Mendelsohn reinforces his message through a series of one-on-one counseling sessions that include frank discussions about a student’s finances. He goes into detail about how long it might take to pay back student loans to cover tuition at a pricey private or out-of-state school, which so many young people believe is necessary to ensure a profitable career path and a successful future.
Mendelsohn encourages students to game out what a typical college graduate in the student’s desired profession might earn. He then guides them to figure out how much would be left in the student’s anticipated budget to cover the monthly student-loan payment after standard expenses like rent, transportation, and food are deducted. The living costs are an educated guess based on the location. But the loan calculations are in real dollars and cents, based on the tuition and aid offered by a specific school, averaged at a rate of 5 percent over 10 years to balance out subsidized and unsubsidized loans.
“Our bottom line is: How can we put you in the best position to succeed in all ways, including, especially, financially?” Mendelsohn says. “When students aren’t sure about what they want to do, we are saying, ‘Don’t take on more financial risk than you can handle…. If you are unsure it’s just foolish to take out tons of loans.’ ”
The missing link
This is the conversation that is not happening nearly enough in America today. Personal financial education is not a part of the curriculum. The vast majority of high school guidance counselors are stretched so thin that they are doing well if they can remind students about college application deadlines, much less walk through which schools tend to offer more-generous aid packages or discuss the pitfalls of excessive debt loads.
This is true nationwide. A survey by lender Sallie Mae found that 84 percent of undergraduates feel they need more financial-management education, and it shows.
The costs of a college education are soaring, and with it the debt burdens that more and more young people are assuming.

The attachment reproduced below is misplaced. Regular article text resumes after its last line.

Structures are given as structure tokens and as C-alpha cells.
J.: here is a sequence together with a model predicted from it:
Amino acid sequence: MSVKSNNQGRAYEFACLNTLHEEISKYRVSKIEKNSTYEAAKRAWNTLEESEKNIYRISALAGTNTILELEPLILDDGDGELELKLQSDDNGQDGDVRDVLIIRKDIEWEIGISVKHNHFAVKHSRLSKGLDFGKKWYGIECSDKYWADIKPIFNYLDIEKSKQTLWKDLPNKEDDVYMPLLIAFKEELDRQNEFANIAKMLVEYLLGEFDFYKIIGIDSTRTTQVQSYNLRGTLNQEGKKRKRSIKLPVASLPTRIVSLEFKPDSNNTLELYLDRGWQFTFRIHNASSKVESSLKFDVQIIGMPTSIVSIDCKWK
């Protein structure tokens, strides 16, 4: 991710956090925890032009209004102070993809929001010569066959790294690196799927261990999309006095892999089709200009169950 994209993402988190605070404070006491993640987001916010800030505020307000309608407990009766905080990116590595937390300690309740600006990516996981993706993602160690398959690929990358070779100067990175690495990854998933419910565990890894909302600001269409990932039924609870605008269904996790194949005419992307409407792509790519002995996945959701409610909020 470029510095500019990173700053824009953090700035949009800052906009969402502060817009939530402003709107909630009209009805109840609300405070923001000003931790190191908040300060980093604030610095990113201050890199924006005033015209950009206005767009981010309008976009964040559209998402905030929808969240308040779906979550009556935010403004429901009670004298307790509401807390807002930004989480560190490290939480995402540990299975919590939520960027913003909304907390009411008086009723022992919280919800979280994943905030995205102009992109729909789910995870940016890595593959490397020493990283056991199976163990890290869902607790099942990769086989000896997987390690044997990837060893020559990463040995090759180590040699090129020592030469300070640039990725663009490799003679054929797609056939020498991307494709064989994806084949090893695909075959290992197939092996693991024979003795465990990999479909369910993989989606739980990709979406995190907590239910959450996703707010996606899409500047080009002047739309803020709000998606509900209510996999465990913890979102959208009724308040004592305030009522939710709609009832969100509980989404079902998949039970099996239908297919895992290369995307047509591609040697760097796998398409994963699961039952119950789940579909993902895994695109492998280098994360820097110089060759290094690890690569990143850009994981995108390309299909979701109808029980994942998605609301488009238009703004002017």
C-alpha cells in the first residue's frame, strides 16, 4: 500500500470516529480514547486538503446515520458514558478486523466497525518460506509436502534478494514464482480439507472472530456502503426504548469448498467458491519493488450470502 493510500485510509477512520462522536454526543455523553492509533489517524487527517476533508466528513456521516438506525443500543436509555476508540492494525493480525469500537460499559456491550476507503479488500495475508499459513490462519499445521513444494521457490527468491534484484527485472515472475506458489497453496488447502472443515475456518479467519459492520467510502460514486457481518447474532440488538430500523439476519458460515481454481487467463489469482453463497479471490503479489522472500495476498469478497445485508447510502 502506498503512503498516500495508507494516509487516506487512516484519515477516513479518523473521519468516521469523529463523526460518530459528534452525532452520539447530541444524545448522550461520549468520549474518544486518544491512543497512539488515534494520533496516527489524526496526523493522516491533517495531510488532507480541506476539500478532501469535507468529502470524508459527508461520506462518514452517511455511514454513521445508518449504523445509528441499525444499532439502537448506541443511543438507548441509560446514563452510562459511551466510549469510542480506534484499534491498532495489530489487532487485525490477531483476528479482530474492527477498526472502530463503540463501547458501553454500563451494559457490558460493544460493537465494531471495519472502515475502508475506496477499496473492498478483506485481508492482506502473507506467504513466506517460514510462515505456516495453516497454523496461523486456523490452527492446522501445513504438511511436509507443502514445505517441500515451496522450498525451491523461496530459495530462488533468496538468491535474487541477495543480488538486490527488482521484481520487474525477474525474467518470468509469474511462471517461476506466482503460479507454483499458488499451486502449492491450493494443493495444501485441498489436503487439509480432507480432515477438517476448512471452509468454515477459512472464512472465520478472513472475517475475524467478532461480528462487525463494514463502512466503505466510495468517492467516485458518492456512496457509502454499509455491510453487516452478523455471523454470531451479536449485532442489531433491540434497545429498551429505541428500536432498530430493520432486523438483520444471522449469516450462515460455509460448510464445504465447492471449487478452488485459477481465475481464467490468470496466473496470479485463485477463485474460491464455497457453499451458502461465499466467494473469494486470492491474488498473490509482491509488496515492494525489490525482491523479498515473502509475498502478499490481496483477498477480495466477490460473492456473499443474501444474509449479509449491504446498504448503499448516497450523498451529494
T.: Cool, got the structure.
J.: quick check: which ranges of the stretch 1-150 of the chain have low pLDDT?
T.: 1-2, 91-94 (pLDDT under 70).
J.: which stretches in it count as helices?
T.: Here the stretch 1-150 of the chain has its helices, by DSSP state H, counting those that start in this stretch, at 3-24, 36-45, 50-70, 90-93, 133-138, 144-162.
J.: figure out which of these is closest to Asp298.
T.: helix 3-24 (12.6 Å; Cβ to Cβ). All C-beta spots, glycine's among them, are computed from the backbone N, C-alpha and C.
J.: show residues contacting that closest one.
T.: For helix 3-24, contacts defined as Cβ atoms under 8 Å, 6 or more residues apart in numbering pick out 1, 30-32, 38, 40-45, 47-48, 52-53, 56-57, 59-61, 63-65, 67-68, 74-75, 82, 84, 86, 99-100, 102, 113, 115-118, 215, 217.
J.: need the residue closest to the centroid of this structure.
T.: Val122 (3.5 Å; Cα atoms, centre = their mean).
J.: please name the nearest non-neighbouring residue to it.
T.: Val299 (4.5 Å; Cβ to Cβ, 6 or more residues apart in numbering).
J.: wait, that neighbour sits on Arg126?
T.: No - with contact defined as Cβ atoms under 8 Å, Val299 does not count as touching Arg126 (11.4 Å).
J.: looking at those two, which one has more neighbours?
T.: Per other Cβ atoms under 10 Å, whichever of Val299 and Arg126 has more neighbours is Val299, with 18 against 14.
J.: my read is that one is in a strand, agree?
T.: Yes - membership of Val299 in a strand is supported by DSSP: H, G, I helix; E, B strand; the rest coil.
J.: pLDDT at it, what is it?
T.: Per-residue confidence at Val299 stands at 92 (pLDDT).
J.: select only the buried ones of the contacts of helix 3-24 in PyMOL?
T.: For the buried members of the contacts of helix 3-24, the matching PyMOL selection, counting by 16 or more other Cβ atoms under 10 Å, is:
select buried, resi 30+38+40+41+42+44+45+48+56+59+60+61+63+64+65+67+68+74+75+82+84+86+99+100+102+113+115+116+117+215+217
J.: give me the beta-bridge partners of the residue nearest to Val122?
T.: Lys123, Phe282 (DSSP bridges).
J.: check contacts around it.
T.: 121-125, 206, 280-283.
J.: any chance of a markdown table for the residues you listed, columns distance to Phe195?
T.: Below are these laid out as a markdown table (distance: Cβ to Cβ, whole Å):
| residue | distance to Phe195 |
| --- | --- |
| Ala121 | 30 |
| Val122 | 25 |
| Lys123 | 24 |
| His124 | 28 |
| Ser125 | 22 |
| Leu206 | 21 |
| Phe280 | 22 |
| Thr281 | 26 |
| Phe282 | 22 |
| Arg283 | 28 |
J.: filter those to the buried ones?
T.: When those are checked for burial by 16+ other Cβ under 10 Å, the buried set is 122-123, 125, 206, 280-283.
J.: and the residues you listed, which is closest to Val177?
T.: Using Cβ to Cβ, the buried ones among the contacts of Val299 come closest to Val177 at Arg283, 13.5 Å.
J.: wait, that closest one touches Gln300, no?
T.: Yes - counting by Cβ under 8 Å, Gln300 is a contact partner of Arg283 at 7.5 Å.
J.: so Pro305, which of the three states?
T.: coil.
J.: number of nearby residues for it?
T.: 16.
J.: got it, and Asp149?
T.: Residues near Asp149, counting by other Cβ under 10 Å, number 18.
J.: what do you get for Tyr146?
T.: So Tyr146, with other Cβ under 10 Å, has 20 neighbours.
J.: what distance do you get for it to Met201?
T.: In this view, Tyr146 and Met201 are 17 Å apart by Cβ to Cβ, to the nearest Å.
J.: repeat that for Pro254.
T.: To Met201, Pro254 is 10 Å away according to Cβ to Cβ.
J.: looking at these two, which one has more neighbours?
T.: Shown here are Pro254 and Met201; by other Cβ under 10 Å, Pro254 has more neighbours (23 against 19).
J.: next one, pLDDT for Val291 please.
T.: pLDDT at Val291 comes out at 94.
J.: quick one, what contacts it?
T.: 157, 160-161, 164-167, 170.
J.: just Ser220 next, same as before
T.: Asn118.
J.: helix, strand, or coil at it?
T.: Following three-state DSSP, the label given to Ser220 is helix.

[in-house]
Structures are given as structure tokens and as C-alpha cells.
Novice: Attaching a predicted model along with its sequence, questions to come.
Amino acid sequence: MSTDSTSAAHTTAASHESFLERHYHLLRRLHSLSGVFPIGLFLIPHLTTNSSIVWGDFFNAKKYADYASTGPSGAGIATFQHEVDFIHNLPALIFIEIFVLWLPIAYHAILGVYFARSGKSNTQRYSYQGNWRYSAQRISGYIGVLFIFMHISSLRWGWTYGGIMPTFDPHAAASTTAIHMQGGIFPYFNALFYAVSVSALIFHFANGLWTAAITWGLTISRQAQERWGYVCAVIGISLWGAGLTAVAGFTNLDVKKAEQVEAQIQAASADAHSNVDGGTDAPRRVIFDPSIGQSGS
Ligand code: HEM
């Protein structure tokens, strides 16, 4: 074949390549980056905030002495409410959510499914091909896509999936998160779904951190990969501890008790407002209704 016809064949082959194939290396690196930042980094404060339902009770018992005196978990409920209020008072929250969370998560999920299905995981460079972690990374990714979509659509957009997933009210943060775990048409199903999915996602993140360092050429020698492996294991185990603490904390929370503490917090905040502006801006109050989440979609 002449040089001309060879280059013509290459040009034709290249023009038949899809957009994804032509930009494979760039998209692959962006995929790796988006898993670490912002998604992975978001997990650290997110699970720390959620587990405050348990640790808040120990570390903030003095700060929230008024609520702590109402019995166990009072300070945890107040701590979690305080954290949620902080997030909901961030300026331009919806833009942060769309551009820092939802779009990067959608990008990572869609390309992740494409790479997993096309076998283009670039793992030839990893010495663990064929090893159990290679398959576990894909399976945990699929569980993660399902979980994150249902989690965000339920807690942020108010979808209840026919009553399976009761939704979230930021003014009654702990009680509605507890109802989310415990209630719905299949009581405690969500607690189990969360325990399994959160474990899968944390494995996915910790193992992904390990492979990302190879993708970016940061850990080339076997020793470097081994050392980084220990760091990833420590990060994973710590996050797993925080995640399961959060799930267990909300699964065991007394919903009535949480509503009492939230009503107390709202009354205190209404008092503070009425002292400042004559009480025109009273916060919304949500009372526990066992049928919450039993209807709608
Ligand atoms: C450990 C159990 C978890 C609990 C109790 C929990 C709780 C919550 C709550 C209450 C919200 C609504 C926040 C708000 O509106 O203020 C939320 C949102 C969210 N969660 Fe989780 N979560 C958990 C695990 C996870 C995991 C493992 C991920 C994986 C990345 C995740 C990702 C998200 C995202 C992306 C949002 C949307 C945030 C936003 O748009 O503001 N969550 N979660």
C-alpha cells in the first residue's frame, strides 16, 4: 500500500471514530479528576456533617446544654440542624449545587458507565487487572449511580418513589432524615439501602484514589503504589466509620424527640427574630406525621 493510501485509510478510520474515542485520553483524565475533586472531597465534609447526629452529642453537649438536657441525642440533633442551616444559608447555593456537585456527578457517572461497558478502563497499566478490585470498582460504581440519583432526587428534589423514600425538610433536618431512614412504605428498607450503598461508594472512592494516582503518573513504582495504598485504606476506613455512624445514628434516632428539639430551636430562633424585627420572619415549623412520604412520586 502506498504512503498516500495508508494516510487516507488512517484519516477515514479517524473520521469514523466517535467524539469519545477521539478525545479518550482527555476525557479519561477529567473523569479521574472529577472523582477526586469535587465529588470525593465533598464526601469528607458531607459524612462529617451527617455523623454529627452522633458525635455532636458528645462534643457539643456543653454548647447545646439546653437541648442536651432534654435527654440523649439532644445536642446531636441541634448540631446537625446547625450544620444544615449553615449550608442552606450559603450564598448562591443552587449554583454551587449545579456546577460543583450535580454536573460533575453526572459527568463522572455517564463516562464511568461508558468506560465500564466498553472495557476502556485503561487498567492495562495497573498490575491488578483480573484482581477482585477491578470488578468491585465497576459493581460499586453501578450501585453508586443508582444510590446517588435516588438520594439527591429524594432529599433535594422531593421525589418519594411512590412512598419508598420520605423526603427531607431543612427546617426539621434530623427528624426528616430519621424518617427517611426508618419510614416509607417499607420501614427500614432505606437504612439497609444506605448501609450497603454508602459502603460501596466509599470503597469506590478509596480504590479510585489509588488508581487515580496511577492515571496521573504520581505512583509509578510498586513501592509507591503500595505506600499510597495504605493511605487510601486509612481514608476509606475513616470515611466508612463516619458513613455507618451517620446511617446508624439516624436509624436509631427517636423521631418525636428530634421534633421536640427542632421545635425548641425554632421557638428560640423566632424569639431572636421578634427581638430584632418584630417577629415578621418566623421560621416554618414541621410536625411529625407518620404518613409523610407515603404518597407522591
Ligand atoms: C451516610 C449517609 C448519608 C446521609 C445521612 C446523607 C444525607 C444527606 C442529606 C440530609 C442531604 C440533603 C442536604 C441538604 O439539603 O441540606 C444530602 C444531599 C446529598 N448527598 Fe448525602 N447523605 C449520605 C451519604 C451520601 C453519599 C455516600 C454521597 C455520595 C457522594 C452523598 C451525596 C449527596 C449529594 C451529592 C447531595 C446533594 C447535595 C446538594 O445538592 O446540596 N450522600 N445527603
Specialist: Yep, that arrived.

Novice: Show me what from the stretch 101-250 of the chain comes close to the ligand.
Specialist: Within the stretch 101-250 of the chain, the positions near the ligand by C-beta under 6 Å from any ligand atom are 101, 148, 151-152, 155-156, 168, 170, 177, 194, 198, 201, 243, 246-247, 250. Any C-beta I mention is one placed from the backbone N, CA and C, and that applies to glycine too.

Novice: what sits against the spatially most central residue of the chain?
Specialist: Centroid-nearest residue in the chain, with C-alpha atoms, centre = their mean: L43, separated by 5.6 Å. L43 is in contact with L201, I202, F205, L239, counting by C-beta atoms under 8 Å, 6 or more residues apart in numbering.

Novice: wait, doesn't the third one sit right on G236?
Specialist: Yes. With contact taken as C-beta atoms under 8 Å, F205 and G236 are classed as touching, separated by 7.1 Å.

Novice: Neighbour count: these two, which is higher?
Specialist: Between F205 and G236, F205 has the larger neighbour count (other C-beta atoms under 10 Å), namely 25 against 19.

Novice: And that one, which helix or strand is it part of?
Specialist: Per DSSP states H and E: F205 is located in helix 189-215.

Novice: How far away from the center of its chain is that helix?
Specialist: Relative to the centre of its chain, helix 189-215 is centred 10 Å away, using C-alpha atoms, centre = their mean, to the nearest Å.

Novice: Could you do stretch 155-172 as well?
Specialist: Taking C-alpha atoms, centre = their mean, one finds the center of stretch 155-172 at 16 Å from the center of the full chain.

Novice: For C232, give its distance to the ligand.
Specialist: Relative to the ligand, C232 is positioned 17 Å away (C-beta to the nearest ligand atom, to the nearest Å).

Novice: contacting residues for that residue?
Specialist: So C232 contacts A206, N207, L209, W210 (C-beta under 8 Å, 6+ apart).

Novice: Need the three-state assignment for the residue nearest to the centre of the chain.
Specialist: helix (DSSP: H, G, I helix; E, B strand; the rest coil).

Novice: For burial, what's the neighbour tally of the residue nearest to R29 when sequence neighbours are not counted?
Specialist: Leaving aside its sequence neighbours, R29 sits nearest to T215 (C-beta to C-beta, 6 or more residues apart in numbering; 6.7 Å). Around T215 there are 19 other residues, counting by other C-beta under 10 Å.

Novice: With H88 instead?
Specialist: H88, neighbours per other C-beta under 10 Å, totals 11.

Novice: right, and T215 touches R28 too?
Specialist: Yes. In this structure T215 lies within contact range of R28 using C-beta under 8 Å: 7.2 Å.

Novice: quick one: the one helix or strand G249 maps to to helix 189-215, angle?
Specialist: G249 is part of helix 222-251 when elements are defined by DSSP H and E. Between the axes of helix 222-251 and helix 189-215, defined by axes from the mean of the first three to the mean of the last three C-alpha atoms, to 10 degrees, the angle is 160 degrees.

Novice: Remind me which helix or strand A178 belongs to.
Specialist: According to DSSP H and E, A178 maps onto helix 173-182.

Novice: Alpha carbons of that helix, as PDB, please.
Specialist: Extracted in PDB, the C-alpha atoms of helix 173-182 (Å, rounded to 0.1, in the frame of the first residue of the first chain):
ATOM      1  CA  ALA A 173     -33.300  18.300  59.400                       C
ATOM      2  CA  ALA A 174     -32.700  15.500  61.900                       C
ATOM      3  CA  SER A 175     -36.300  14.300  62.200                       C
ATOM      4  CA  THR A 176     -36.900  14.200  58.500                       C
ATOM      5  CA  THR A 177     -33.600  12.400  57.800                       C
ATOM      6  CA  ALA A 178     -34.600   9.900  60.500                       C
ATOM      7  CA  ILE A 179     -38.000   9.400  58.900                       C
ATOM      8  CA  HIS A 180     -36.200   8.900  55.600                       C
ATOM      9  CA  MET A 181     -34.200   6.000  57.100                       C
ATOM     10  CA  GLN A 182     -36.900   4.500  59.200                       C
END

In the decade leading up to the 2011-2012 school year, tuition and fees at private schools rose by an average of 2.6 percent per year beyond increases in the Consumer Price Index and by 5.6 percent per year at public four-year colleges, according to the not-for-profit College Board. To put those increases into perspective, if the cost of consumer goods had kept pace with tuition hikes since 1985, a gallon of milk would cost $18.65.
In March, the Consumer Financial Protection Bureau announced that student-loan debt had topped the $1 trillion mark, exceeding credit-card debt.
The financial hurdle of higher education hits some people even before they start college. According to the National Center for Education Statistics, 10 percent of those planning to attend a university don’t make it to the start of classes because they can’t afford the first bill. The “summer melt” phenomenon, as it is called, rises to 20 percent for lower-income students like Bertrand. It’s something that UAspire is trying to stop.
For those who do start college, swelling financial pressures strain their career-path options and increase the risk that they will drop out. Students who drop out are four times more likely to default on their loans than those who push through and get a degree, according to a study by the Education Sector, an independent think tank.
What’s more, young people ages 18-24 are now spending twice as much of their monthly income on repaying debt than they did just a decade ago.
Only about a dozen groups, including government-funded agencies and not-for-profit organizations, are focused on college affordability. UAspire, Mendelsohn’s organization, serves about 10,000 students a year and boasts that 84 percent of the students it counsels make it past the critical drop-off point and return for the second year, compared with the national average of just 66 percent. It has ambitious plans to increase the number of kids impacted, but the national need is beyond its capacity.
In this endeavor, Deloitte is investing $212,000 in pro bono consulting work with UAspire to come up with a model for exporting financial-education training more broadly to existing youth mentors, such as school guidance counselors and Big Brothers and Big Sisters groups. The proposal could serve as a model for combatting the nation’s ballooning student-loan debt burden.
In Bertrand’s mind, her path was set by the eighth grade. Given her penchant for science and math, adoration for babies, and all of those inspiring lectures from her father and Cliff Huxtable, being an obstetrician was the only thing she could picture herself doing, aside from running for president.
At an IHOP restaurant a month before leaving for college this summer, Bertrand sits eating buttermilk pancakes cut meticulously into pie-shaped wedges. Her eyes light up when she describes a day she spent shadowing physicians at Massachusetts General Hospital during her junior year of high school. She recounts the excitement of observing two deliveries, one a C-section.